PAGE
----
much a part of the Ultramontane movement as the great bishops, journalists and theologians who espoused it, as papal prestige and authority over the church flourished by ways and means which Rome itself had often done little to inspire.
Yet neo-Ultramontanism was also sustained by a succession of strong, attractive papal personalities who, in the Catholic view, were martyrs. Pius VII, who was held prisoner from 1809 to 1814, reverted to the role of the monk who mended his own soutane. In 1814, the defeat of the Emperor Napoleon allowed him to return to Rome, where he revived the Society of Jesus. Almost alone amongthe numerous ecclesiastical principalities ofthe ancien regime, the astute Cardinal Ercole Consalvi negotiated the restoration almost in toto of the Papal States at the Congress of Vienna, losing Avignon and the Venaissin in France, before taking up the reins of papal government. The papal archives and many of the artistic treasures looted by the French were returned to Rome. The recovery in papal prestige was marked by concordats with Bavaria and Sardinia (1817), Naples (1818) and Prussia (1821) and the Upper Rhine Provinces (1821). The portrait of Pius by Sir Thomas Lawrence commissioned by the Prince Regent conveys the weariness of the man in the beauty of his wasted face and the long hands never raised except in blessing. It was the first papal icon of the coming age.
The restoration of the Papal States belonged to the conservative reaction to the revolutionary turmoil of the French Revolution and the Napoleonic wars, as the Austrian foreign minister (later chancellor) Prince Metternich, the 'coachman of Europe', guided the continent back into its ancient political paths. Catholicism remained the most popular religion in Europe - there were about 100 million Catholics to 40 million Protestants and 40 million Orthodox - but the 'Congress system' left the continent dominated by the non-Catholic powers (Great Britain, Prussia and Russia) with millions of Irish, German and Polish Catholics under their rule. These Catholics might feel more affinity with radical politics, even revolution, than with the status quo. Yet the new arrangement also left the papacy to a degree the creature of the conservative order of Metternich's creation. One of its foremost new apologists, Count Joseph de Maistre, author of Du Pape (1819), was an arch-conservative who looked to Rome as the sanction for monarchic rule, although Rome refused to join the Holy Alliance of non-Catholic Russia and Prussia with Catholic Austria which sought to give Metternich's order a religious colouring.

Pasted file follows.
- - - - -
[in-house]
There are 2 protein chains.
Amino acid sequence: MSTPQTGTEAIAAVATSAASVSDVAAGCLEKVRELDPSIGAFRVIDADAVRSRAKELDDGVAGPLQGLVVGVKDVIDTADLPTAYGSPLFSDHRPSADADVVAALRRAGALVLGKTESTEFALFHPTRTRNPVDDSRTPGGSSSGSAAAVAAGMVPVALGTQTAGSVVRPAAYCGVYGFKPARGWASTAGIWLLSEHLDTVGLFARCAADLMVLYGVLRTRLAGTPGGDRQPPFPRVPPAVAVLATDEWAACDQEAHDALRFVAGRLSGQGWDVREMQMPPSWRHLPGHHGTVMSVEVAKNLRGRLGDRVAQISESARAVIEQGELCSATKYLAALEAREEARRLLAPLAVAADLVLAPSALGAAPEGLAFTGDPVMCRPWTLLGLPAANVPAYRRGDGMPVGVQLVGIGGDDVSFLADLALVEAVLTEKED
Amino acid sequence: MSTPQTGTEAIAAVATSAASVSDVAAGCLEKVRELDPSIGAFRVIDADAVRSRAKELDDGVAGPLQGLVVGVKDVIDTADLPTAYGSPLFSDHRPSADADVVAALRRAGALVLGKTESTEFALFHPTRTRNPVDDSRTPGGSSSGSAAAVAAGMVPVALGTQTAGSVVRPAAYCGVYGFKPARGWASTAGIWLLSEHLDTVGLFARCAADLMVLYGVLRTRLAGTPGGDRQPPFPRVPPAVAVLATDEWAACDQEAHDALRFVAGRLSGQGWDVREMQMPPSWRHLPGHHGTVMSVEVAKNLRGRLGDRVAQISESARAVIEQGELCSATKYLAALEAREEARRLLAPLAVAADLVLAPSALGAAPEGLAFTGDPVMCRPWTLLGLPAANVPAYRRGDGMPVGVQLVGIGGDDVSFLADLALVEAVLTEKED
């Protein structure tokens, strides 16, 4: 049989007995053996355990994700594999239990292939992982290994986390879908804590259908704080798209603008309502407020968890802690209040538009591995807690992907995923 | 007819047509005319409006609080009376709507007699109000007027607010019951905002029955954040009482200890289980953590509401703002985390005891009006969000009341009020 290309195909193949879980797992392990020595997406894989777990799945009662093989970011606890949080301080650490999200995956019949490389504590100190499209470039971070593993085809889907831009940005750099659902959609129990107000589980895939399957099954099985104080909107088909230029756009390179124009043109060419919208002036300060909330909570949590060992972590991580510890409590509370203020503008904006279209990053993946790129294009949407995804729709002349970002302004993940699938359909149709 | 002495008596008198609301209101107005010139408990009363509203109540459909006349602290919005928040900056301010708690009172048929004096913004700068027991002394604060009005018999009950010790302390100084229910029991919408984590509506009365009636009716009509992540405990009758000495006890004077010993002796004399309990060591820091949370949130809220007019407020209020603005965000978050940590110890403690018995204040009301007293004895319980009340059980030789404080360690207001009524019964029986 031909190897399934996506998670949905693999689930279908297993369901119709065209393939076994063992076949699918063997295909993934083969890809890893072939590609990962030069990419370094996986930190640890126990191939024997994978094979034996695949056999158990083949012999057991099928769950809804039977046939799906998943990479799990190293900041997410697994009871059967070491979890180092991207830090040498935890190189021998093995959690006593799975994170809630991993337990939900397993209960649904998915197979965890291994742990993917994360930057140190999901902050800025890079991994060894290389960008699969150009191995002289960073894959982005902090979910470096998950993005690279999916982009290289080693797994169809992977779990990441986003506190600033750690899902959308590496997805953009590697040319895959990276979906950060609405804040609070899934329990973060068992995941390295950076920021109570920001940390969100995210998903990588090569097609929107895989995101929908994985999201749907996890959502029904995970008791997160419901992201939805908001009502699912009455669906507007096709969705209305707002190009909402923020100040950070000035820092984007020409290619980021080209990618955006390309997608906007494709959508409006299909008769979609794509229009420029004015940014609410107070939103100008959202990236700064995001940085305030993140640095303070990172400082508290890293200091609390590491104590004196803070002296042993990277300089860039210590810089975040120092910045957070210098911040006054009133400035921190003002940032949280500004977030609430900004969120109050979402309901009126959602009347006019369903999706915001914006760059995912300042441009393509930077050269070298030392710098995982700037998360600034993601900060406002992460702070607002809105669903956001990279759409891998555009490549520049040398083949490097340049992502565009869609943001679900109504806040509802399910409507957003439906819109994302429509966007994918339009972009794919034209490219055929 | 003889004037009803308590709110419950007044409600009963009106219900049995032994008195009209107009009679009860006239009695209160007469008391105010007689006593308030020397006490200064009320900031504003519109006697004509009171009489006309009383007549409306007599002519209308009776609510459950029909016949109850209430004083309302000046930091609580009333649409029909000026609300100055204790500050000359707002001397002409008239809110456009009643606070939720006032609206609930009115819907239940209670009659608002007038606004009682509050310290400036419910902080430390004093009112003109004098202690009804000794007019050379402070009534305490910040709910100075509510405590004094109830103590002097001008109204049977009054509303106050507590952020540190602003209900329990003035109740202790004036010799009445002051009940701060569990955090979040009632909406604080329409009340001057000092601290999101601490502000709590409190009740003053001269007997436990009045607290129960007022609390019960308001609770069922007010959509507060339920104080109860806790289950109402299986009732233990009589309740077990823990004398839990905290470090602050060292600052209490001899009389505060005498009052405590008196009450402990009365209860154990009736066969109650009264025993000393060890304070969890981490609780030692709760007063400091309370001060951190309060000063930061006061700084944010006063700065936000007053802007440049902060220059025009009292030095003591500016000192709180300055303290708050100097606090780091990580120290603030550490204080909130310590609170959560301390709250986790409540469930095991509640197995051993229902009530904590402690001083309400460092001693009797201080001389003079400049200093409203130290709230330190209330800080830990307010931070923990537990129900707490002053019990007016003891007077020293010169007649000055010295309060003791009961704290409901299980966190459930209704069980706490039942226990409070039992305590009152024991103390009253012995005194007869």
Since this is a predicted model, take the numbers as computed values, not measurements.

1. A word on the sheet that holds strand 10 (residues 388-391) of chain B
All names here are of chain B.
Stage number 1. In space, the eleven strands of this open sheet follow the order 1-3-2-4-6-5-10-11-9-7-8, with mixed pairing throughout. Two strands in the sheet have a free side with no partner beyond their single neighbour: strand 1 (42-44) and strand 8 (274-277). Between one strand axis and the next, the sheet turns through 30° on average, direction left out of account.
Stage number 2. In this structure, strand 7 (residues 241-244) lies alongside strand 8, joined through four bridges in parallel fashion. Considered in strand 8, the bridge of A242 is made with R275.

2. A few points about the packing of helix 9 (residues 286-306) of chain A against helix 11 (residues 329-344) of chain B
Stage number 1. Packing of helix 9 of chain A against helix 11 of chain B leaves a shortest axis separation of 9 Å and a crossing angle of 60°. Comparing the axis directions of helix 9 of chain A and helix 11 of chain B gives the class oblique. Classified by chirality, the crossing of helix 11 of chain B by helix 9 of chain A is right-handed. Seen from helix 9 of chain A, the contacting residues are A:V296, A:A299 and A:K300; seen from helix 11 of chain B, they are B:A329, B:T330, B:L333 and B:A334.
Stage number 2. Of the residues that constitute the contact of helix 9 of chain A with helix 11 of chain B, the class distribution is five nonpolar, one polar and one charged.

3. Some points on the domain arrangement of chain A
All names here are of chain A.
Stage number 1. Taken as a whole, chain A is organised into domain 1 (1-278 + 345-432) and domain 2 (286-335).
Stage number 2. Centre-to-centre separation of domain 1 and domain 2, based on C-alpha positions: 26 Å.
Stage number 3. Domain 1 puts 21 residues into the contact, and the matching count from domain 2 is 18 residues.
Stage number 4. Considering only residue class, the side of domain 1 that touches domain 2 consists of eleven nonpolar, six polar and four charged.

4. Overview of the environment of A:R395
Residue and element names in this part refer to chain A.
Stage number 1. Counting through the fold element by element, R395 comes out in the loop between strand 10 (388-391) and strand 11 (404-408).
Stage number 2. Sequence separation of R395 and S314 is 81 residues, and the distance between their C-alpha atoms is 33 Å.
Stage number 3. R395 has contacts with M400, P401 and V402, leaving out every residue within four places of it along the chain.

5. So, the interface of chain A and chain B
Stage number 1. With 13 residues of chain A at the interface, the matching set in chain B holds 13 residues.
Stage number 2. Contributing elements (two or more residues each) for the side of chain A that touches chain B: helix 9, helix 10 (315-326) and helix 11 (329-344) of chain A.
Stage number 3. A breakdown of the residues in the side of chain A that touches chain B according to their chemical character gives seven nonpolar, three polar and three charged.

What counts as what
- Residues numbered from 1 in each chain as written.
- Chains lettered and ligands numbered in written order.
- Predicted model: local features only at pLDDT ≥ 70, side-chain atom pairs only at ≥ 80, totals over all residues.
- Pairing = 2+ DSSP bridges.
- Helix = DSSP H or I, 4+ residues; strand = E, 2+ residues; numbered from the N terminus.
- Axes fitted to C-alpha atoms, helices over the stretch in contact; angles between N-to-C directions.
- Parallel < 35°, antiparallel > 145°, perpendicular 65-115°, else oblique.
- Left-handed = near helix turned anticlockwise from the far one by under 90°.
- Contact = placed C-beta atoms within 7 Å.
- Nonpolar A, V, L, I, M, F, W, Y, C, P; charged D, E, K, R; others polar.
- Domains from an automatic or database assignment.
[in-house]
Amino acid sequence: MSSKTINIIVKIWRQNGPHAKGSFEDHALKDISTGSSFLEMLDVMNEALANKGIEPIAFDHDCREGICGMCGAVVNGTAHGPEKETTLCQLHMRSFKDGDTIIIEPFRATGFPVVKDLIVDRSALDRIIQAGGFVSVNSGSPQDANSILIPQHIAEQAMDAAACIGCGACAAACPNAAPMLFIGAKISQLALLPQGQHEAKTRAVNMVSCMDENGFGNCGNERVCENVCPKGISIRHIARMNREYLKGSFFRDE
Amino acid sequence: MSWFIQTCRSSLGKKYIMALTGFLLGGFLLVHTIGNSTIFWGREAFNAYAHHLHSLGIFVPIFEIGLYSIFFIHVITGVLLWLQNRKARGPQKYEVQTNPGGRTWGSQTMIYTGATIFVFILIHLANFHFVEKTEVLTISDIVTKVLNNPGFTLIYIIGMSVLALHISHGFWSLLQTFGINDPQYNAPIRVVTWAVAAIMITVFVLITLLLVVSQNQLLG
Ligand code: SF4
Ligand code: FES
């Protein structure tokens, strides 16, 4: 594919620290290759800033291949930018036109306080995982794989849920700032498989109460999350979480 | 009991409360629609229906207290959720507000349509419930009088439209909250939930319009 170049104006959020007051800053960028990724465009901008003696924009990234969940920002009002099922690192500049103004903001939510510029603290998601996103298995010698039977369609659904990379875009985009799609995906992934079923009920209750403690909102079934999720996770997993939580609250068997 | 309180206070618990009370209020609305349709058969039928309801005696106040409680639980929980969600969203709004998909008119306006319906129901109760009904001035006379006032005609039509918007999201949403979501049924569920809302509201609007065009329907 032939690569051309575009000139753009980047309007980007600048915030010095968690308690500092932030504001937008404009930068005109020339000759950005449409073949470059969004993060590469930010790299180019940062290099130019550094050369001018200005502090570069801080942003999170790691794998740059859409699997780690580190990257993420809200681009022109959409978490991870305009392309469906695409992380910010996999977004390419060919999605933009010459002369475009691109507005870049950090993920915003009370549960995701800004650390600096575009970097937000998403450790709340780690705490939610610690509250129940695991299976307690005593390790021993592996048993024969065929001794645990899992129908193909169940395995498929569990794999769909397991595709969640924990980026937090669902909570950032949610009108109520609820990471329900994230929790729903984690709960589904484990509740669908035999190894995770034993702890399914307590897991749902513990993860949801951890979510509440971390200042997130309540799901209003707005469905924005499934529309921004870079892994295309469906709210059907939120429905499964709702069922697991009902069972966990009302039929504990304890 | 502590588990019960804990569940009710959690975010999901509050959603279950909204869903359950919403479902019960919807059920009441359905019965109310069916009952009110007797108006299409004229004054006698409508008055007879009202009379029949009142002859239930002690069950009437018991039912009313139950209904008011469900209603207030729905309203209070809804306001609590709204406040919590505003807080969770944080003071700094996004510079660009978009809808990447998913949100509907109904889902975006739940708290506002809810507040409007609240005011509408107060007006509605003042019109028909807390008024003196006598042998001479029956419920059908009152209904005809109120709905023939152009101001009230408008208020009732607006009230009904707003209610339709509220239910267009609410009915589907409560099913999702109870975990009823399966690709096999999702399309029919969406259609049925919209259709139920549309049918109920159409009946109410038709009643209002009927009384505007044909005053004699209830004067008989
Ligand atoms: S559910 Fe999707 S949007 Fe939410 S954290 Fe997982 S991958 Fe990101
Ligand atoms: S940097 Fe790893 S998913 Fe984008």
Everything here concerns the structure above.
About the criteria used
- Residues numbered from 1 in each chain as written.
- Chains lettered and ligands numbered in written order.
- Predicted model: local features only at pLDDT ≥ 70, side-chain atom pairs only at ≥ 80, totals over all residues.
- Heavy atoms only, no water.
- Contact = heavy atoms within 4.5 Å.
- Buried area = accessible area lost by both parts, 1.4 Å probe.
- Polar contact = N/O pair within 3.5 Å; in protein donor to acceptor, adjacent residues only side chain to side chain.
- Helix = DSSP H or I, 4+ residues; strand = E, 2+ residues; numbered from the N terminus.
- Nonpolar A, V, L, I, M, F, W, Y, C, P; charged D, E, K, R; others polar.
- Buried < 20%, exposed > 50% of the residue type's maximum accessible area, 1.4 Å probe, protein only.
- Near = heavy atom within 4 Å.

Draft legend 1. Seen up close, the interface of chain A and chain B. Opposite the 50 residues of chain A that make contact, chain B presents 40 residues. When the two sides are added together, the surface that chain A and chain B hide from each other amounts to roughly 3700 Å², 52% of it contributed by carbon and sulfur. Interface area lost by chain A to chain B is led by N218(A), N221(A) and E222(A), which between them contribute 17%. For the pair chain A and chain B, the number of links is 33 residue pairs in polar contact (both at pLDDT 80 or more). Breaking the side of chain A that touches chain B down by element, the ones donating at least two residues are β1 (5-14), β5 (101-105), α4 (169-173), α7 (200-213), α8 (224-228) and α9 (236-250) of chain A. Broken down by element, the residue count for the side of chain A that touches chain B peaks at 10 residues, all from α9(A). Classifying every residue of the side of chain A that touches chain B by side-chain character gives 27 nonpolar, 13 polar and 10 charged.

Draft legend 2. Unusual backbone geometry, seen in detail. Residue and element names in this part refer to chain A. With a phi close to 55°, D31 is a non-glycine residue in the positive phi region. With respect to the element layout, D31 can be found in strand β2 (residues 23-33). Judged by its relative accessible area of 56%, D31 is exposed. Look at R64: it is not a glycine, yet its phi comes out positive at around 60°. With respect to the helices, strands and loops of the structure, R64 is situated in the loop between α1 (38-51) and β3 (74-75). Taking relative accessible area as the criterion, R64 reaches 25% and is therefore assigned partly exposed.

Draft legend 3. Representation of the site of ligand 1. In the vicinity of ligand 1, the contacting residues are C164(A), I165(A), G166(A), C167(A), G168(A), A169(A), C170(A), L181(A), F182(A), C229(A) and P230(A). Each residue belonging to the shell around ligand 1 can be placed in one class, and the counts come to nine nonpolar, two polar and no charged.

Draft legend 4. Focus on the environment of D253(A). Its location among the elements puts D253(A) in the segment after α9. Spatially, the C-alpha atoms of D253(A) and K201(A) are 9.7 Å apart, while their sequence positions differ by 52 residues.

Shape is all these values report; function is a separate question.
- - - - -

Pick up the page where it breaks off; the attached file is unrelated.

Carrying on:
Rome's main problems were nearer home. Consalvi's division of the Papal States into four legations and thirteen delegations involved an element of lay
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